Buying the AMD Ryzen Threadripper 3990X means you're in the business for performance, and to allow the CPU to make mincemeat of any task or gaming you do on your PC, you need some fast RAM. Taking speed, capacity, and price into account, we've rounded up some of the best options. Threadripper supports quad-channel support, so if we recommend a kit with two sticks, buy two of them for better performance.
Corsair makes some fine RAM, and this kit has the clock speed you need of 3,200MHz, which is standard practice for third-gen Ryzen processors. The two 8GB modules are also reasonably affordable when combined together, coming in at around $40 per stick. Pick up two of these kits.
This G.SKILL RAM kit is special. Not only is it 3,200MHz and 16GB in capacity, but it looks amazing. Forget black heat spreaders and say hello to gold. As well as the solid performance and looks, you've also got RGB lighting, which everyone knows adds to available power. Add two of these kits to your build.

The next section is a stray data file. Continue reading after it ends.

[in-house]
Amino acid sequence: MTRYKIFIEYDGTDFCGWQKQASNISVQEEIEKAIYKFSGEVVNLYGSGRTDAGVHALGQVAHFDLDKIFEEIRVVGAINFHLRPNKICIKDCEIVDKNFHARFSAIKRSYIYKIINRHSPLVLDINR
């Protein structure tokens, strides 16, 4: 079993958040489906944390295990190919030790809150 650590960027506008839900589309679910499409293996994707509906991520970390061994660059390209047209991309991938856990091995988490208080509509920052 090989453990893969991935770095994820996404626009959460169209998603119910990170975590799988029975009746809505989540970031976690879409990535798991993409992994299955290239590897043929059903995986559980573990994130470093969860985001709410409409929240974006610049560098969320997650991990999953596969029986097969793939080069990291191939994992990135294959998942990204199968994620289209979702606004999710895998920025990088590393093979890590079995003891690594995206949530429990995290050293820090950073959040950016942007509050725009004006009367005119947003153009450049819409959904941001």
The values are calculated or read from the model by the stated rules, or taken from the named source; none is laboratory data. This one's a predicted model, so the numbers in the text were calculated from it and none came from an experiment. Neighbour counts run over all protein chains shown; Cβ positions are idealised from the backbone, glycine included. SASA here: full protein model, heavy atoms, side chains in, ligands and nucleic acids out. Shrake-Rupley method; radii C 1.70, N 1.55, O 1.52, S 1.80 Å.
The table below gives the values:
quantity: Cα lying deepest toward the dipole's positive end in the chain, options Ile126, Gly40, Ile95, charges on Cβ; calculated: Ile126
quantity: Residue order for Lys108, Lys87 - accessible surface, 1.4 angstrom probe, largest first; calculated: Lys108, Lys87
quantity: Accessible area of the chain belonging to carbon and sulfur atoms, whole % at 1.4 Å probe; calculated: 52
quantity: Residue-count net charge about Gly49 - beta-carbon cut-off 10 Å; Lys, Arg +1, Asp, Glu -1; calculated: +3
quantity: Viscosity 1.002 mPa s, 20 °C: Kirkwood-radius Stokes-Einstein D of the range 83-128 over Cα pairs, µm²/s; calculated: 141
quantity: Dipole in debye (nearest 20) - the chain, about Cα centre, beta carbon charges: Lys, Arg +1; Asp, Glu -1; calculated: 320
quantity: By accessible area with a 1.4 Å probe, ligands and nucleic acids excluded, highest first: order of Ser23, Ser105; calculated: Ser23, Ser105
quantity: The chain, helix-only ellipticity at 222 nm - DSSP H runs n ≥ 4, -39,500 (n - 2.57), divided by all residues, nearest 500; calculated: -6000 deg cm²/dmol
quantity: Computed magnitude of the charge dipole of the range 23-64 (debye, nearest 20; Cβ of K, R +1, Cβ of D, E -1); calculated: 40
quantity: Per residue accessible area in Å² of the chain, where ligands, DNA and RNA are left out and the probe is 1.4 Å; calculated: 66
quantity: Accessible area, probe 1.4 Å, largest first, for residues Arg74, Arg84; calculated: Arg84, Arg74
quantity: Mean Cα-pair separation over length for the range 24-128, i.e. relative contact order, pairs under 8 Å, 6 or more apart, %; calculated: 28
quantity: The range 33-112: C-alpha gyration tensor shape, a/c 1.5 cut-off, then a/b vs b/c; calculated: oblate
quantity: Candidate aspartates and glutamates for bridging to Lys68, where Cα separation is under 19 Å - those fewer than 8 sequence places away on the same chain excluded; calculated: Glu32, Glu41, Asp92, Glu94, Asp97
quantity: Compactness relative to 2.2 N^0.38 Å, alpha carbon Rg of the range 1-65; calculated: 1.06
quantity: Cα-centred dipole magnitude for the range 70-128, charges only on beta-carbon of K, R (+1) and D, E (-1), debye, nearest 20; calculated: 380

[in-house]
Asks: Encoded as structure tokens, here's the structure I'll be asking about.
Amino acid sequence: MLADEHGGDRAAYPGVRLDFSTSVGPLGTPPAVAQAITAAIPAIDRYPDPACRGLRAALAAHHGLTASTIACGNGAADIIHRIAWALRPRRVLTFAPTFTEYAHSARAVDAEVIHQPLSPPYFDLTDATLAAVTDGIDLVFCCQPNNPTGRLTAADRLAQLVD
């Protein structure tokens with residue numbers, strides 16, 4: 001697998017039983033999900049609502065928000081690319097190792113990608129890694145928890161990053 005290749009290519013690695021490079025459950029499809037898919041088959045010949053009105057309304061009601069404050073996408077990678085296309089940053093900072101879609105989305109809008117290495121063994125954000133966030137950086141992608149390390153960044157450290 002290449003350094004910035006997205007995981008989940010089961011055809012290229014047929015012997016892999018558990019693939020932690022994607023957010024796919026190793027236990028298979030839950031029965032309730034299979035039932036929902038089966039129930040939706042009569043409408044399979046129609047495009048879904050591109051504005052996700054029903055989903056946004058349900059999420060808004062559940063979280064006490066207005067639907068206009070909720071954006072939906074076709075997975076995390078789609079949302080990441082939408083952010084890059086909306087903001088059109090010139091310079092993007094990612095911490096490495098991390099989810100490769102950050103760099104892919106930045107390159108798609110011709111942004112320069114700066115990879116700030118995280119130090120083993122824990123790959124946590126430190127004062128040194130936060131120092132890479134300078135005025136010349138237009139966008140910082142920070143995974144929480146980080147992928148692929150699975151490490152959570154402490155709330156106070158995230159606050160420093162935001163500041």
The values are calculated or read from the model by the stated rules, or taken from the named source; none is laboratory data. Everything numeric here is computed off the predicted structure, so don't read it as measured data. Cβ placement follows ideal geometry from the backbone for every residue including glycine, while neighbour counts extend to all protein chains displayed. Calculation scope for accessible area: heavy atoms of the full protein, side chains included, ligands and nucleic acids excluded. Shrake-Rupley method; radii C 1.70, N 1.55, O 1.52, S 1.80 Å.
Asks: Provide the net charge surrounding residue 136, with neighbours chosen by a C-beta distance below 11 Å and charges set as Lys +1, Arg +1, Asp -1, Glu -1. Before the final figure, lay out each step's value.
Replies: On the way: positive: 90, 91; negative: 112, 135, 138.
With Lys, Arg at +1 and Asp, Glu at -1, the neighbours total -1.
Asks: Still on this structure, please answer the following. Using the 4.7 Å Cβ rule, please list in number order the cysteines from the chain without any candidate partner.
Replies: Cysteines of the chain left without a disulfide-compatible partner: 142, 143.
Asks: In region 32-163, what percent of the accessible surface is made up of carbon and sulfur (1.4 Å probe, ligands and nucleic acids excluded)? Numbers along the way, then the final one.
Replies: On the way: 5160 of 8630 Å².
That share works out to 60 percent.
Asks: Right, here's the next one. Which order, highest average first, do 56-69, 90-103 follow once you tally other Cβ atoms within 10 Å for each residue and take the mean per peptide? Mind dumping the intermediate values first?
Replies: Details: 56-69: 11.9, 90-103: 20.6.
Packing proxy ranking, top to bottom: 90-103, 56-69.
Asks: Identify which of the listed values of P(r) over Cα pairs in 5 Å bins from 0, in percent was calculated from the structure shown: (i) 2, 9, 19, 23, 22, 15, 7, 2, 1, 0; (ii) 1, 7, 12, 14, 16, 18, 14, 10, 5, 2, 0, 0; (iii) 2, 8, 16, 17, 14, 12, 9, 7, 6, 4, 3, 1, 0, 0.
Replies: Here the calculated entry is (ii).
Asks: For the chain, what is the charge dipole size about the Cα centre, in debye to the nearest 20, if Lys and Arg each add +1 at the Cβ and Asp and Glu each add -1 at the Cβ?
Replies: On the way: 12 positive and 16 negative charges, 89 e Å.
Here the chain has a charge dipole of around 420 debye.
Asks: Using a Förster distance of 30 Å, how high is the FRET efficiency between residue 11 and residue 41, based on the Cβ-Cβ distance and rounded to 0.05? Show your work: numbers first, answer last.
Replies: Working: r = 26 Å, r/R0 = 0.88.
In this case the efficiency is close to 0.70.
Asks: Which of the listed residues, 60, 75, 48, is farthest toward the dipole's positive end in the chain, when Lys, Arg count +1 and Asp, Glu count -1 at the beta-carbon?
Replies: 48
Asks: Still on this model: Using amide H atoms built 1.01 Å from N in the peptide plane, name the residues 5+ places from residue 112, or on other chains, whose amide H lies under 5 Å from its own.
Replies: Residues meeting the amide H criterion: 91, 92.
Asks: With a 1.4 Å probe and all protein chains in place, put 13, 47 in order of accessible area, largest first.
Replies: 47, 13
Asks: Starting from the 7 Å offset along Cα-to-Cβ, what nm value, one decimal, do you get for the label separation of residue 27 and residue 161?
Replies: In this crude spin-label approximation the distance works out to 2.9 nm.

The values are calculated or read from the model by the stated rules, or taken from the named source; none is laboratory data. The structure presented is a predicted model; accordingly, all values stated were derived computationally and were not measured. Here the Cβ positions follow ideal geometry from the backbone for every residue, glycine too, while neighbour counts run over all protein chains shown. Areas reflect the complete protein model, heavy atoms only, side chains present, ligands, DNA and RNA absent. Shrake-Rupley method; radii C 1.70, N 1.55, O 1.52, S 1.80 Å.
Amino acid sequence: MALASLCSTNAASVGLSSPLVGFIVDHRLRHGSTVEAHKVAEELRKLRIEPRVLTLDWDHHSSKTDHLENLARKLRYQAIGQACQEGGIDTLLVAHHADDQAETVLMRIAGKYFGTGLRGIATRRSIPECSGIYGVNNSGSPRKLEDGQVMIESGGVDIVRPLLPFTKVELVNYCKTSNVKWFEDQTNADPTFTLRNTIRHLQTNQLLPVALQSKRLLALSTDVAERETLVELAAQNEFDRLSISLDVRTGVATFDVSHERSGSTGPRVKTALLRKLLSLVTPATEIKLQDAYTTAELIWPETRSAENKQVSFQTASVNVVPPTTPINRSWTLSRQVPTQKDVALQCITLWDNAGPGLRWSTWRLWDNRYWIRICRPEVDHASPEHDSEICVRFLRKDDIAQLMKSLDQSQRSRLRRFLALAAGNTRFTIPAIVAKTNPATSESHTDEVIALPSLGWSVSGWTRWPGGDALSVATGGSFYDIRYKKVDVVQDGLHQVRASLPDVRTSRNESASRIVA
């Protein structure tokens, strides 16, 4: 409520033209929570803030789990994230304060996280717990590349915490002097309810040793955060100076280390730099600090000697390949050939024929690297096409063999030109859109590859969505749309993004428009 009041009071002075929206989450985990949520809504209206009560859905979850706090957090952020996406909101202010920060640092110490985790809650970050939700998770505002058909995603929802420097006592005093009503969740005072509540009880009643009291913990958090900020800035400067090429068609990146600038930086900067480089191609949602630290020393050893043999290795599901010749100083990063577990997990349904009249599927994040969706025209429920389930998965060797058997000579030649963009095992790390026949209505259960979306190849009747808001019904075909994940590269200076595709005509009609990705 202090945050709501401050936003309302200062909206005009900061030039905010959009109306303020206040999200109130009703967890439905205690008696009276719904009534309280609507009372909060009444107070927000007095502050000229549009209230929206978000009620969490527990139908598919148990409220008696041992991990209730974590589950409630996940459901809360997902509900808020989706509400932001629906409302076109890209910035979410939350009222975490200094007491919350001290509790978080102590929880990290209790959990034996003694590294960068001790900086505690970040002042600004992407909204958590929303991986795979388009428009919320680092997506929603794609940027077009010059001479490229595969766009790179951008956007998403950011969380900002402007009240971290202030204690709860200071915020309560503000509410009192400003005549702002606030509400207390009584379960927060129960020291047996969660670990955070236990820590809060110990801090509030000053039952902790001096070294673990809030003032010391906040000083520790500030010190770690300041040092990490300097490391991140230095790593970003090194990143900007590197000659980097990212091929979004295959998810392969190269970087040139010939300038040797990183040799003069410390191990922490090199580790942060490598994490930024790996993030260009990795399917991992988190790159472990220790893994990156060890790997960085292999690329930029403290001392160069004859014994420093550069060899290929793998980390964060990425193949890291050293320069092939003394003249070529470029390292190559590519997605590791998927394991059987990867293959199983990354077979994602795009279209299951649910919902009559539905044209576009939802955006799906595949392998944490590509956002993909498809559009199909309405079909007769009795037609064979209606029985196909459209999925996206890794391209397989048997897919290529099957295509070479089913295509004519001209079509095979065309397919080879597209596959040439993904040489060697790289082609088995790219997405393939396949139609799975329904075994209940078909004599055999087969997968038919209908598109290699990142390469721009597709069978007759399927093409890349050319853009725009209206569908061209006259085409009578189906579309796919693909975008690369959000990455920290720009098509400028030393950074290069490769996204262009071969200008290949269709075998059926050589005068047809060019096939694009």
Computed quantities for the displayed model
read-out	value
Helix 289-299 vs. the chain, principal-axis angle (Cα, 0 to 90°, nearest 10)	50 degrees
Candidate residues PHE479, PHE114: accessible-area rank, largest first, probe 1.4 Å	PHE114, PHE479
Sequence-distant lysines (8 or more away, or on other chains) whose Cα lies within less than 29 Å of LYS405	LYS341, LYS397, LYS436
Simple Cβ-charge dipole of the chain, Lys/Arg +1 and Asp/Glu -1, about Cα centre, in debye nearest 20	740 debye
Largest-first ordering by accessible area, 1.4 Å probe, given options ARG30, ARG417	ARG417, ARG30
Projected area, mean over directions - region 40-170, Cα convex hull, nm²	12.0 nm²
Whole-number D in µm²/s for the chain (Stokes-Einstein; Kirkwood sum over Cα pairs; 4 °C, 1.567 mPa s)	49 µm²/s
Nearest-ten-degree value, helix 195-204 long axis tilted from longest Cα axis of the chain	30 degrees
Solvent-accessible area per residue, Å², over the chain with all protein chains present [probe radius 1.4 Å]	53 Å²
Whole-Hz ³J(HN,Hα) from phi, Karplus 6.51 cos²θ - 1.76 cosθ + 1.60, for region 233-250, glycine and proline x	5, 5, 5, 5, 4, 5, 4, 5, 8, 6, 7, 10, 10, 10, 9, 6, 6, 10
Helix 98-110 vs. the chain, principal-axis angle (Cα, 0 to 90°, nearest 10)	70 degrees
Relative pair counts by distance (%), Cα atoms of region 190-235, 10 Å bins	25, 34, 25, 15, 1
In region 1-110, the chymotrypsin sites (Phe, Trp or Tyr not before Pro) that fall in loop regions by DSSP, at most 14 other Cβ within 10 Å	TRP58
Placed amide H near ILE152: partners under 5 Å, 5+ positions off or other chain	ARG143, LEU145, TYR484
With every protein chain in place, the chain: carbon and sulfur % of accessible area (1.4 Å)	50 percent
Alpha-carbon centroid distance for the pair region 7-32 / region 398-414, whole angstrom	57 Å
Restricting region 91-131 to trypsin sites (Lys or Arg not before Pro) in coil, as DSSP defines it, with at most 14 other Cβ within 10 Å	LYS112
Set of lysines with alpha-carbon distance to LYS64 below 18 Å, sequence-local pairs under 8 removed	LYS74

If you need to open up 40 tabs in Chrome (you monster), you'll need more than 16GB of RAM to avoid sluggish PC performance. This is where Corsair's 32GB kit comes into play. It's identical to our top pick, but with fancy RGB lighting and four modules.
If we were to make a suggestion...
When looking around for RAM, you need to choose a kit that has a speed of at least 3,200MHz. Faster than this likely won't impact performance when taking value into account but do take note of latency and other factors as two kits are likely not the same. You will also need a compatible motherboard.
We recommend the Corsair Vengeance LPX 16GB Kit (opens in new tab) because it offers excellent value for money with enough speed to keep up with the Ryzen Threadripper 3990X. You can throw in a further two RAM modules to bring your total up to 32GB.
Should you need fast RAM that not only works well but looks great, the G.SKILL TridentZ kit (opens in new tab) is genuinely one of the best-looking RAM kits around, though you'll be paying a small premium for the luxury.
Rich Edmonds is Senior Editor of PC hardware at Windows Central, covering everything related to PC components and NAS. He's been involved in technology for more than a decade and knows a thing or two about the magic inside a PC chassis. You can follow him over on Twitter at @RichEdmonds.
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